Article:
On a more practical level, however, this has been my main SSD for gaming recently and I've been mightily impressed: loading my multiplayer games like Valorant and Rainbow Six Siege takes no time at all. There's more than enough room on the AN1500 variants to store the majority of your games and then some. But be braced for impact when you see the price - this one is ripe for saving for or watching out for sales.
The Samsung 980 Pro is one of the best SSDs for gaming at the Gen 4 end of the spectrum that's on the market right now, and it's made even more appealing by the fact that it's regularly on sale. Keep in mind that this particular NVMe drive only goes up to 2TB capacity, but if you're wanting to operate within that 1TB-2TB range, then you can't go wrong with performance on offer.
The highlight of the Samsung 980 Pro NVMe SSD is the Intelligent TurboWrite 2.0 feature, which essentially acts as a boost to write more data than its predecessors (including the 970 Evo Plus) at much faster, more consistent rates. It should be noted that the SSD comes with specialist software (Samsung Magician) in order to track the health of your drive, as well as tweak any settings to your liking, which could be particularly important if you're not using a heatsink (but we definitely recommend using one to keep those core temperatures down).
Silicon Power's US70 SSD is one of the better value-for-money propositions when expressly considering 1TB and 2TB capacity M.2 PCIe models. It may not have the absolute fastest read and write speeds that you may have seen on some 4.0 NVMe SSDs, but if you're just looking for something to load your games up quickly, with more than respectable file transfer times, then you could certainly do worse in its price range.
In our testing, we found that the Silicon Power US70 held up remarkably well when put through its paces in Anvil with read and write figures at 5,847.19 and 10,744.14 respectively. CrystalDiskMark was similarly promising with 2,823.10 read and 3,321.54 write, which is more than enough for gaming in 2021.
However, as far as real-world gaming performance is concerned, every game that was tested with this SSD booted up instantaneously no matter how demanding it was, and that's going to be the real selling point here, especially for people looking to transfer their Steam game libraries over from a SATA III drive for a very noticeable performance boost.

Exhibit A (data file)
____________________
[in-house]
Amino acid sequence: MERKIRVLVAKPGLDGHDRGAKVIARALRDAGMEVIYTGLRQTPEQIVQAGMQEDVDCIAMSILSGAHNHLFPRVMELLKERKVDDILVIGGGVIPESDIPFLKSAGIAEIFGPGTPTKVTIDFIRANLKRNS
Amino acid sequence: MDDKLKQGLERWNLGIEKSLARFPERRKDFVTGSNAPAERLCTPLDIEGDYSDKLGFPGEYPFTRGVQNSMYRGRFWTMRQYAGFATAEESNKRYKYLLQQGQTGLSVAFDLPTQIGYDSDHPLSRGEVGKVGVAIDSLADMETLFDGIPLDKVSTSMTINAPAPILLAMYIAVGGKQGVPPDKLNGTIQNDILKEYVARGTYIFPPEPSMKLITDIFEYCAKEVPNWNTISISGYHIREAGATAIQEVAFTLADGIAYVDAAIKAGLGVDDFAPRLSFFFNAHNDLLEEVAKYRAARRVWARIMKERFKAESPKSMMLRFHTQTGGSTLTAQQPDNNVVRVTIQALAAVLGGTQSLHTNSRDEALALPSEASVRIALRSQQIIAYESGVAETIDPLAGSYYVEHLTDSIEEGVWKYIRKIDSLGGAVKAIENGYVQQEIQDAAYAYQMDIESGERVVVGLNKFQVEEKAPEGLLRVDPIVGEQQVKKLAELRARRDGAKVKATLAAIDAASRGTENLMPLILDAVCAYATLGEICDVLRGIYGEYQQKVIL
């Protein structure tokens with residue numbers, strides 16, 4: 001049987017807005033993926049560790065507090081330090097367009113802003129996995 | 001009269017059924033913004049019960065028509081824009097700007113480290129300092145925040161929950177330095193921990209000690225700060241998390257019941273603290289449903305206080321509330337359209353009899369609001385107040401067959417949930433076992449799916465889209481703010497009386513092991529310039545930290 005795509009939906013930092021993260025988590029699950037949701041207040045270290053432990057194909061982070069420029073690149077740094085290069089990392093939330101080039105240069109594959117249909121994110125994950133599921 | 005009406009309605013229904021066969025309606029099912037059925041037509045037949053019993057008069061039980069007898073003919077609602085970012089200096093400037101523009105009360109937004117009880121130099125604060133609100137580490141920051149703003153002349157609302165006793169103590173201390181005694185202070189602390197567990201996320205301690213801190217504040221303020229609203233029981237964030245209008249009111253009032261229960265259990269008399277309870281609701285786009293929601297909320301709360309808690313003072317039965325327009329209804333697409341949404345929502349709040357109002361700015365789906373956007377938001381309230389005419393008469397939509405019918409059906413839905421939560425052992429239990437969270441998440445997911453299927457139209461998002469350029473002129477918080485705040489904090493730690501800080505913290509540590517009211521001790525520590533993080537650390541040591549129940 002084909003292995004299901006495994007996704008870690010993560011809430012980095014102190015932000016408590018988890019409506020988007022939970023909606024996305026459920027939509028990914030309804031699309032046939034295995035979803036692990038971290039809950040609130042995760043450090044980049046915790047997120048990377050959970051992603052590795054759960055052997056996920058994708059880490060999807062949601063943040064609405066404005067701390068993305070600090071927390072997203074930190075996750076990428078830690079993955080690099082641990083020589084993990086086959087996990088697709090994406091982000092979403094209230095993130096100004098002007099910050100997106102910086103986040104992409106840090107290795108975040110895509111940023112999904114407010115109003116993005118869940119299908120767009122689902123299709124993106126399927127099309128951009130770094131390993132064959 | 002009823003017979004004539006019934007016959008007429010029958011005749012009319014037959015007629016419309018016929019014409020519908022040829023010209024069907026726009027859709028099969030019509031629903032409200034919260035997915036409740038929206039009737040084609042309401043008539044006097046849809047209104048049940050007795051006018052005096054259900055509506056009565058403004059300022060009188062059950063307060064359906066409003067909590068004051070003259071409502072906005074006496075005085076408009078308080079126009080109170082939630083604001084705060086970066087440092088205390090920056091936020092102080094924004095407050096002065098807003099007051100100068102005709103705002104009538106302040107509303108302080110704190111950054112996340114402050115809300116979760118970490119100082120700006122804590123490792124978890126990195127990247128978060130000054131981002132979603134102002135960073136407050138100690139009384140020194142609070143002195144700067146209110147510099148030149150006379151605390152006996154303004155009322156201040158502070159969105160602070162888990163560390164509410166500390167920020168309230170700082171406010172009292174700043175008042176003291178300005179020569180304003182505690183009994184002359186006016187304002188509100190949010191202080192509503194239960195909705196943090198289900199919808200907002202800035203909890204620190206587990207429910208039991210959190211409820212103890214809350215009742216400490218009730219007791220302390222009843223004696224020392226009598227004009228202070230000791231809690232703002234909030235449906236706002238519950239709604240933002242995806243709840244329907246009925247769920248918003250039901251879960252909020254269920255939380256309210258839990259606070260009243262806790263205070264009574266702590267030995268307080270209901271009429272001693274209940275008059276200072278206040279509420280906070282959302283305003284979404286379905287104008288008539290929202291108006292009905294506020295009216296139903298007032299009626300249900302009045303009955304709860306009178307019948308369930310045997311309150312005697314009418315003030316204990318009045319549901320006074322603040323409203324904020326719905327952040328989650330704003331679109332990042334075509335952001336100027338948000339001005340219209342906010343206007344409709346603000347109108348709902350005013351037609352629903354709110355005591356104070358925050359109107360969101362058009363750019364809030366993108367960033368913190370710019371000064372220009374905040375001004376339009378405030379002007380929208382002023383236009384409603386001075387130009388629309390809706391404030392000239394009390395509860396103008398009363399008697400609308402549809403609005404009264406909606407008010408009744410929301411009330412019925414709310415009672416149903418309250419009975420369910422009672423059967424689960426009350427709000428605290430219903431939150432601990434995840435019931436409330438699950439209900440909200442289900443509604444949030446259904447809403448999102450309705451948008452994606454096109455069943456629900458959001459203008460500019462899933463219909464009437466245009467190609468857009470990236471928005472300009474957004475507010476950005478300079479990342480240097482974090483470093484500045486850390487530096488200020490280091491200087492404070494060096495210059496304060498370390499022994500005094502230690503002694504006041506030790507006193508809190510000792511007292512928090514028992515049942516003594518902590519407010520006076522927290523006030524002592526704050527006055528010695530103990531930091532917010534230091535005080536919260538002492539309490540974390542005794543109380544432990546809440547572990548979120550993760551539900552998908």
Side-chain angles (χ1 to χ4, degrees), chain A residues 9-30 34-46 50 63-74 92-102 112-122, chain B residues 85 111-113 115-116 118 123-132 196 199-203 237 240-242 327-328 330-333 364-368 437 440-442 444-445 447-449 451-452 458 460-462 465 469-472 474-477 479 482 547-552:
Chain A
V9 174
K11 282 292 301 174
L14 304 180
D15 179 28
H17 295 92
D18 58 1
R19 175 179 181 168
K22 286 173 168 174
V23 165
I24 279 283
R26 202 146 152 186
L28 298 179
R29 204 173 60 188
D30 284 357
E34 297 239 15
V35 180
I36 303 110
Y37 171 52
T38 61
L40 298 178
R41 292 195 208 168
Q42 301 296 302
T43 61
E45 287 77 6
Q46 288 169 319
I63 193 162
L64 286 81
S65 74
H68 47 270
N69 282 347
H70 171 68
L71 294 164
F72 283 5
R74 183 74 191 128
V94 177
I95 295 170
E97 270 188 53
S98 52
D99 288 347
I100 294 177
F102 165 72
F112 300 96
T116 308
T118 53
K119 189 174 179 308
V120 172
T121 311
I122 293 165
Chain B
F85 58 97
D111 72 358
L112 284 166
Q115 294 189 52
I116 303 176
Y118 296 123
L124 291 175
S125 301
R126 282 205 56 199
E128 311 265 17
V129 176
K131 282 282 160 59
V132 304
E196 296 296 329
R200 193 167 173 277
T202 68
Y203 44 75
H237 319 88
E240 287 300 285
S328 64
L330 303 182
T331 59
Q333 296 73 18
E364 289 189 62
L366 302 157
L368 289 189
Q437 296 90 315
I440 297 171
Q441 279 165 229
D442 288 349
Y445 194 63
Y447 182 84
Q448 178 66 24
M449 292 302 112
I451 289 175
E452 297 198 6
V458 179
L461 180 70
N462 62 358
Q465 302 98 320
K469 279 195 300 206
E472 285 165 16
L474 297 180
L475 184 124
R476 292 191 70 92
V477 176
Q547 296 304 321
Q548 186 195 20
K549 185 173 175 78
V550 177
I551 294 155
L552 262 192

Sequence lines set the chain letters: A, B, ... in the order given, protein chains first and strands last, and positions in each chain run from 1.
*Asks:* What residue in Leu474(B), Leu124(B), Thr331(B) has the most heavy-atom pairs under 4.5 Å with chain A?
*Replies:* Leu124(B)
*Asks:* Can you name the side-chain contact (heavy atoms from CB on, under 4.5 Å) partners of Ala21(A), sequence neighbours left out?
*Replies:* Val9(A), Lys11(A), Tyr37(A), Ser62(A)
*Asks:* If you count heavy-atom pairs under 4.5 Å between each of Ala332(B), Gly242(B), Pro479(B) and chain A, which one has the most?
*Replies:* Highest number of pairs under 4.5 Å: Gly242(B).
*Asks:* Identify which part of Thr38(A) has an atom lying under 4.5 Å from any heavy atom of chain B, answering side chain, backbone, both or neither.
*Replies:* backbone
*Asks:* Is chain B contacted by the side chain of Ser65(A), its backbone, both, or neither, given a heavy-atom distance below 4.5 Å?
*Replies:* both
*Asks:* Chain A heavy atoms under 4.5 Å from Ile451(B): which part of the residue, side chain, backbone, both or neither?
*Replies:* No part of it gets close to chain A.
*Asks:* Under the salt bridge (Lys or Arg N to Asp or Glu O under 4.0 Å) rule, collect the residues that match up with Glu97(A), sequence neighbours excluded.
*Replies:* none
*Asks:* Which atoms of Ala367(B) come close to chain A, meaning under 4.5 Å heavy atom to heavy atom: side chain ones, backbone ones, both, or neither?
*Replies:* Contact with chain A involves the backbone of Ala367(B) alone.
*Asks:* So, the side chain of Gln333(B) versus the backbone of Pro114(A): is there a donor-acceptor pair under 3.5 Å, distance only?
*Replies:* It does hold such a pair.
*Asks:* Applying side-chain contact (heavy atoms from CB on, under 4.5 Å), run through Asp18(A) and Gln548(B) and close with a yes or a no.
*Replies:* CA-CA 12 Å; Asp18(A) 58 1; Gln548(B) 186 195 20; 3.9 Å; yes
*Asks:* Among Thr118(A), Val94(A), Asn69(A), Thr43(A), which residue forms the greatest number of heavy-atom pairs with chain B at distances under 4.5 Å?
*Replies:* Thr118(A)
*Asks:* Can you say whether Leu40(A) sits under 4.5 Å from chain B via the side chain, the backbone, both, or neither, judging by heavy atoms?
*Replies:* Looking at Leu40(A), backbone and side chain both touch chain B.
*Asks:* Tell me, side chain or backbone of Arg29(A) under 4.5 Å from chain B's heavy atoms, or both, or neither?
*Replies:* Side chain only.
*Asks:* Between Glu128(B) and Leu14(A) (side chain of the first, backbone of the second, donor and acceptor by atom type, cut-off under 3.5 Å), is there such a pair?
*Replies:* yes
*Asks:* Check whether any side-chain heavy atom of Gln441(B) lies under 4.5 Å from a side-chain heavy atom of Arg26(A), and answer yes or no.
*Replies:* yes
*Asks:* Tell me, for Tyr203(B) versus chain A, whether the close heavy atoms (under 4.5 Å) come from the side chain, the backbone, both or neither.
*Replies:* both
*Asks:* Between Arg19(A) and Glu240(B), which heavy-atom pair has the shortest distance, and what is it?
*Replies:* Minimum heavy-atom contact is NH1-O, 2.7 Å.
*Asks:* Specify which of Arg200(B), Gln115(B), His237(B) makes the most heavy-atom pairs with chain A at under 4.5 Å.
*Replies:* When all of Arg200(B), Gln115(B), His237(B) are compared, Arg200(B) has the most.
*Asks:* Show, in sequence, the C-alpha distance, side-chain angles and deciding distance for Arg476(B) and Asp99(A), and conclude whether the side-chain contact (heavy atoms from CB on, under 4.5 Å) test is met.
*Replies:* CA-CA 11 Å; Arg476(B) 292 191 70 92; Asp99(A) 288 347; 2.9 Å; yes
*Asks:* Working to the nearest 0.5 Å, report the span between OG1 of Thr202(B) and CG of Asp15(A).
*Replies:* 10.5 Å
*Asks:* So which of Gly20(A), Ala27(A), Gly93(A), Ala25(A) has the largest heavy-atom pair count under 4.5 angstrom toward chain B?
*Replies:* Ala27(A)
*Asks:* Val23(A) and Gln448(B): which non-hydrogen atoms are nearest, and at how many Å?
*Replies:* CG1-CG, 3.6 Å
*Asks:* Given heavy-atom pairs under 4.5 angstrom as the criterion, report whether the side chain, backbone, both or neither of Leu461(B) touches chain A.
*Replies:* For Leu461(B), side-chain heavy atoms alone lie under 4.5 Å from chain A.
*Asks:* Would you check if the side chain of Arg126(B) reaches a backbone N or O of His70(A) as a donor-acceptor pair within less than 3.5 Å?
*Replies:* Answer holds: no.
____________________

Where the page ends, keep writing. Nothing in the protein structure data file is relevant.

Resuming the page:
Read more: Silicon Power US70 SSD review
The Sabrent Rocket 4 Plus offers phenomenal sequential performance and comes with a suite of advanced software so that you can tailor its functionality to suit your needs - all for a cheaper rate than a lot of flagship Gen 4.0 NVMe models from other brands. The highlight of the drive comes from its consistent sustained data transfer rates, and with capacities ranging up to 4TB, it's likely to offer all the grunt and space you need in your rig.
Really it's in the largest size available that the Sabrent Rocket 4 Plus shines the brightest, especially when considering that the Samsung 980 Pro and WD Black SN850 Gen 4.0 drives currently don't come close to that kind of size range. On the performance front, however, the Sabrent Rocket 4 Plus can indeed hit those promised 7,100 MB/s read and 6600 MB/s write, making it one of the top-performing Gen 4.0 drives out on the market right now.
How much SSD do you actually need for a gaming-centric PC? Probably about as much as the SK Hynix Gold P31 offers in 1TB format. That’s enough storage to keep a fair few of your favorite titles stored for quick access. As for performance, this is a PCIe Gen 3 rather than Gen 4 M.2 SSD. So, it’s limited to half the interface speed of the very best drives. But it’ll still knock out around 3.5GB/s of both read and write performance, which will be plenty for most gamers.
Anyway, if you don’t have a PC with PCIe 4.0 support - and that’s most of us - it’s something of a moot point. Elsewhere, performance is mostly strong, with sustained throughput never drooping below 750MB/s even when filling the drive to capacity, no doubt thanks to the use of TLC rather than cheaper QLC memory chips. 4K random access performance is a tiny bit patchier, but not to the extent that you’ll feel it subjectively in use.